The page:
Monday, January 30, 2012


Bookending the Faust (the New York Met's take on Gounod/Barbier et Carré after Goethe) were two plays which made that production (bubbled away in the moral vacuum of a dream sequence where the solution to anything is, well, anything) seem to be bordering on banal. The music is French sensuous, and the story one of mendacity, lust, passion and scandalous impregnation. Oh, the potential. Without my theatrical counterpoints, I might have been more easily satisfied dramatically, as I was musically.

Because it's rather nice about now to slot a picture into a post, here's the never married Johann Wolfgang von Goethe with his friend if not soul-mate Friedrich Schiller, both standing tall outside the Court Theatre in Weimar.

Goethe holds a laurel wreath, his hand gently resting on Schiller's shoulder. The bond is palpable.

Now, here's the post.

Cheek by Jowl have a travelling global roadshow of " 'Tis Pity She's a Whore", after the Jacobean John Ford - a blood-revenge drama of incestuous pregnancy, forced marriage, self-poisoning by switched chalices, and finally cardiac evisceration - take that you whore! With the touring British production, director Declan Donnellan and designer Nick Promerod deliver a stylish contemporary update of an oldie-but-a-goodie. The setting is Annabella (sister of Giovanni - you know the rest) sitting on her bed, laptop open, ipod plugged in as the audience enters the theatre, and her world. The story was well delivered, although I found much of the dialogue hard to catch, not least because of the strong contemporary cadence of the British english, a broken jerking legato-less style, and the slight voiced Annabella of Lydia Watson. And when it was over, the blood spilt and the deed done, what pleased me was the return from off-stage of a fully alive Annabella, her hand outstretched to her brother still holding the avulsed heart.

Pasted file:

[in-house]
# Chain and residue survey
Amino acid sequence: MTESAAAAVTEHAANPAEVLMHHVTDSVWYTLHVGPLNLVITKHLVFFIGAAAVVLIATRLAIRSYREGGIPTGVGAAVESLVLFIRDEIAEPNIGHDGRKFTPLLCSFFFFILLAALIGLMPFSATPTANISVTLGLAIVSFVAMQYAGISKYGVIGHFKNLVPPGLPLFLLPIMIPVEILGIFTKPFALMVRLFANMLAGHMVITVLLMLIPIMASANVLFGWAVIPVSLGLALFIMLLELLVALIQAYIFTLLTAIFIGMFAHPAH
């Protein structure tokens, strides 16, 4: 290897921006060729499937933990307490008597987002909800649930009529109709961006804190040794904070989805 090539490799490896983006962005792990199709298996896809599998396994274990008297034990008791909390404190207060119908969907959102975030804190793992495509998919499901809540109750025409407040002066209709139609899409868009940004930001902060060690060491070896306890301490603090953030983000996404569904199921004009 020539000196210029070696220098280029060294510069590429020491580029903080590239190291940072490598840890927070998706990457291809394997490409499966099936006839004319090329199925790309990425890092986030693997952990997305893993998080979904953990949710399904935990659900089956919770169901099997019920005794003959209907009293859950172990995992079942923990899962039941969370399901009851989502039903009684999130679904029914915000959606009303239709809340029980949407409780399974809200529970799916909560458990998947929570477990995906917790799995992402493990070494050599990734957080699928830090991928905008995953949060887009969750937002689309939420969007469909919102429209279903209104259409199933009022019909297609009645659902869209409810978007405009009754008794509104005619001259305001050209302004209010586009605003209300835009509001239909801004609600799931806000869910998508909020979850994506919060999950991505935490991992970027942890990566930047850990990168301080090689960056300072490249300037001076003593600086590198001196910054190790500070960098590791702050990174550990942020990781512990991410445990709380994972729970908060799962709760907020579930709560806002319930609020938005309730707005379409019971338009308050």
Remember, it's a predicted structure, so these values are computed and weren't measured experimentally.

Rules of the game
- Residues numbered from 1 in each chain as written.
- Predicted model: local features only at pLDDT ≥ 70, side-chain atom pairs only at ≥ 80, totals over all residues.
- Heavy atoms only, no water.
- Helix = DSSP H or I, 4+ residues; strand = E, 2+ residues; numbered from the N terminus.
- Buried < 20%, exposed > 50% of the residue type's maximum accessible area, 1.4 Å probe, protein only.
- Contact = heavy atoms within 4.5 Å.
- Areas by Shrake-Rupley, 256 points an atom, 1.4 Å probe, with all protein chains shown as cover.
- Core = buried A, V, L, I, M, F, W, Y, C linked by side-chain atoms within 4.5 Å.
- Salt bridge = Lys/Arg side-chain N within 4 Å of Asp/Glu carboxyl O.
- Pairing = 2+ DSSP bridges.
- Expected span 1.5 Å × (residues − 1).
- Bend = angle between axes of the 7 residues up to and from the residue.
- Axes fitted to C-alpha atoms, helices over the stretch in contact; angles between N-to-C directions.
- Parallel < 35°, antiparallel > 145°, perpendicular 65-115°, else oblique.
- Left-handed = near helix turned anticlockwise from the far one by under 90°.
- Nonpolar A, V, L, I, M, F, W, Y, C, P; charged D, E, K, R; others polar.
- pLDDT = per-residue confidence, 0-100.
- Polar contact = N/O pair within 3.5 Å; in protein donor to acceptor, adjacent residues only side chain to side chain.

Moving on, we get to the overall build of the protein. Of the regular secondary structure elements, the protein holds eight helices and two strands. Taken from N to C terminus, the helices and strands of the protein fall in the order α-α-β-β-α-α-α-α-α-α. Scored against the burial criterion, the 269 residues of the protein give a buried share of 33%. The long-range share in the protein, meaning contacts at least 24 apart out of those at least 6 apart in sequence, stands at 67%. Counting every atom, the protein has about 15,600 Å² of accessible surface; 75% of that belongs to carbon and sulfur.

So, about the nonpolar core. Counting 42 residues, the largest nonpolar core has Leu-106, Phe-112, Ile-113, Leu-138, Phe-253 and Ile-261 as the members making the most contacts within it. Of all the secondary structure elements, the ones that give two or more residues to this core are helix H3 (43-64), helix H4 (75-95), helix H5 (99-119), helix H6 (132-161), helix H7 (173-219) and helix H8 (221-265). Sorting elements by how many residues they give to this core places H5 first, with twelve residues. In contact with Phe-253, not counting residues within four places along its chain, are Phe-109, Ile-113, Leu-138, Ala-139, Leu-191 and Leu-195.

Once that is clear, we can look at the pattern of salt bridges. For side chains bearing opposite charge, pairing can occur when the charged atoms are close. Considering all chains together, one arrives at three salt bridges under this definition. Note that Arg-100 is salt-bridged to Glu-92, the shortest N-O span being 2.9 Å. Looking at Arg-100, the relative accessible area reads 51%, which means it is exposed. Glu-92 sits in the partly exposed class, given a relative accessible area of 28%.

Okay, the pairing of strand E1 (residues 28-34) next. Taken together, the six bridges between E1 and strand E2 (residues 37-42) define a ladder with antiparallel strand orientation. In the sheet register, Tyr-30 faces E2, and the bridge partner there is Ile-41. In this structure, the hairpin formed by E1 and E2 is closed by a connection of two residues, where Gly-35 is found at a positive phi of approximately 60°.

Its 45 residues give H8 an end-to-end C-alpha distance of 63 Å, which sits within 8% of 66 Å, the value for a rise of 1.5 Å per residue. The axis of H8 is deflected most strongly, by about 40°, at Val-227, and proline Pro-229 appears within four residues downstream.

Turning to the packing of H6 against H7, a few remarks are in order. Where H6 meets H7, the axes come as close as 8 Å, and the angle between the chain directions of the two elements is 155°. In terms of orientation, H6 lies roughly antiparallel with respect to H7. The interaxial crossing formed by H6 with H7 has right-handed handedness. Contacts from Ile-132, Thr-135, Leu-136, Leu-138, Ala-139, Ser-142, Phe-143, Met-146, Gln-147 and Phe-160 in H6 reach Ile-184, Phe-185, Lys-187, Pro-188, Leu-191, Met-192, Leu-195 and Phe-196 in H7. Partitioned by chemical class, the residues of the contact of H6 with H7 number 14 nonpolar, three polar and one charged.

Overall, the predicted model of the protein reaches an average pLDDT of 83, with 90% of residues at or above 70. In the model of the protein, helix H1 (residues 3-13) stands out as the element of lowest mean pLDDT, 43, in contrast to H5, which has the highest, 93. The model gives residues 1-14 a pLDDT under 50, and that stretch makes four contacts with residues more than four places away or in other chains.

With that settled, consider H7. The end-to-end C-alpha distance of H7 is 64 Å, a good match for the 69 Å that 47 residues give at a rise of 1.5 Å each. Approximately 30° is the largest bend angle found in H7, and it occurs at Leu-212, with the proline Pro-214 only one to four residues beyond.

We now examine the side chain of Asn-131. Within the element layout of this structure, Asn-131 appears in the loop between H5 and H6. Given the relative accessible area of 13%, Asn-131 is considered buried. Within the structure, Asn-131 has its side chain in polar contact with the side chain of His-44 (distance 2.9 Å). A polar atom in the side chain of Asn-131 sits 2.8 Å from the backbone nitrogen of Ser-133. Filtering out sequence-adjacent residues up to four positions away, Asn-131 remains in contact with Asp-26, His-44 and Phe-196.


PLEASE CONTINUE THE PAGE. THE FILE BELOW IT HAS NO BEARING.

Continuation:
Forgiveness I thought. Understanding. Understanding is forgiveness. How marvelous. When later I mentioned this to someone-who-knew I learnt that in fact the intent was to confirm that, yes you guessed it, it was all a dream. It does make it work, but at the same time I can't help but feel it moves the whole moral imperative to a lesser space.

This will give you the texture of the production.

Next came "Thyestes", after Seneca (the father of the revenge play) presented by Belvoir written by Thomas Henning, Chris Ryan, Mark Winter (the three actors) and Simon Stone (director). Thyestes is the story of the House of Artreus, as the director details (not for the faint-hearted, as Bette Davis said about old age).

Remember Argamemnon? Remember revenge begets revenge? Well, Argamemnon is the son of Artreus!

In this piece of contemporary theatre where there is no escape from the immediate reality that this is now, they are us, we are of them, it could be me, it is me, where the script is written to be improvised each night, where all the roles are played by males, you are faced with the black comedy of the vileness of the human condition. I was stunned. They speak not the text of Seneca, but the vernacular of contemporary Australia, brilliantly using parallel circumstance on the moral spectrum to prize open the raw truth that there is no difference in degree, in time, or in place.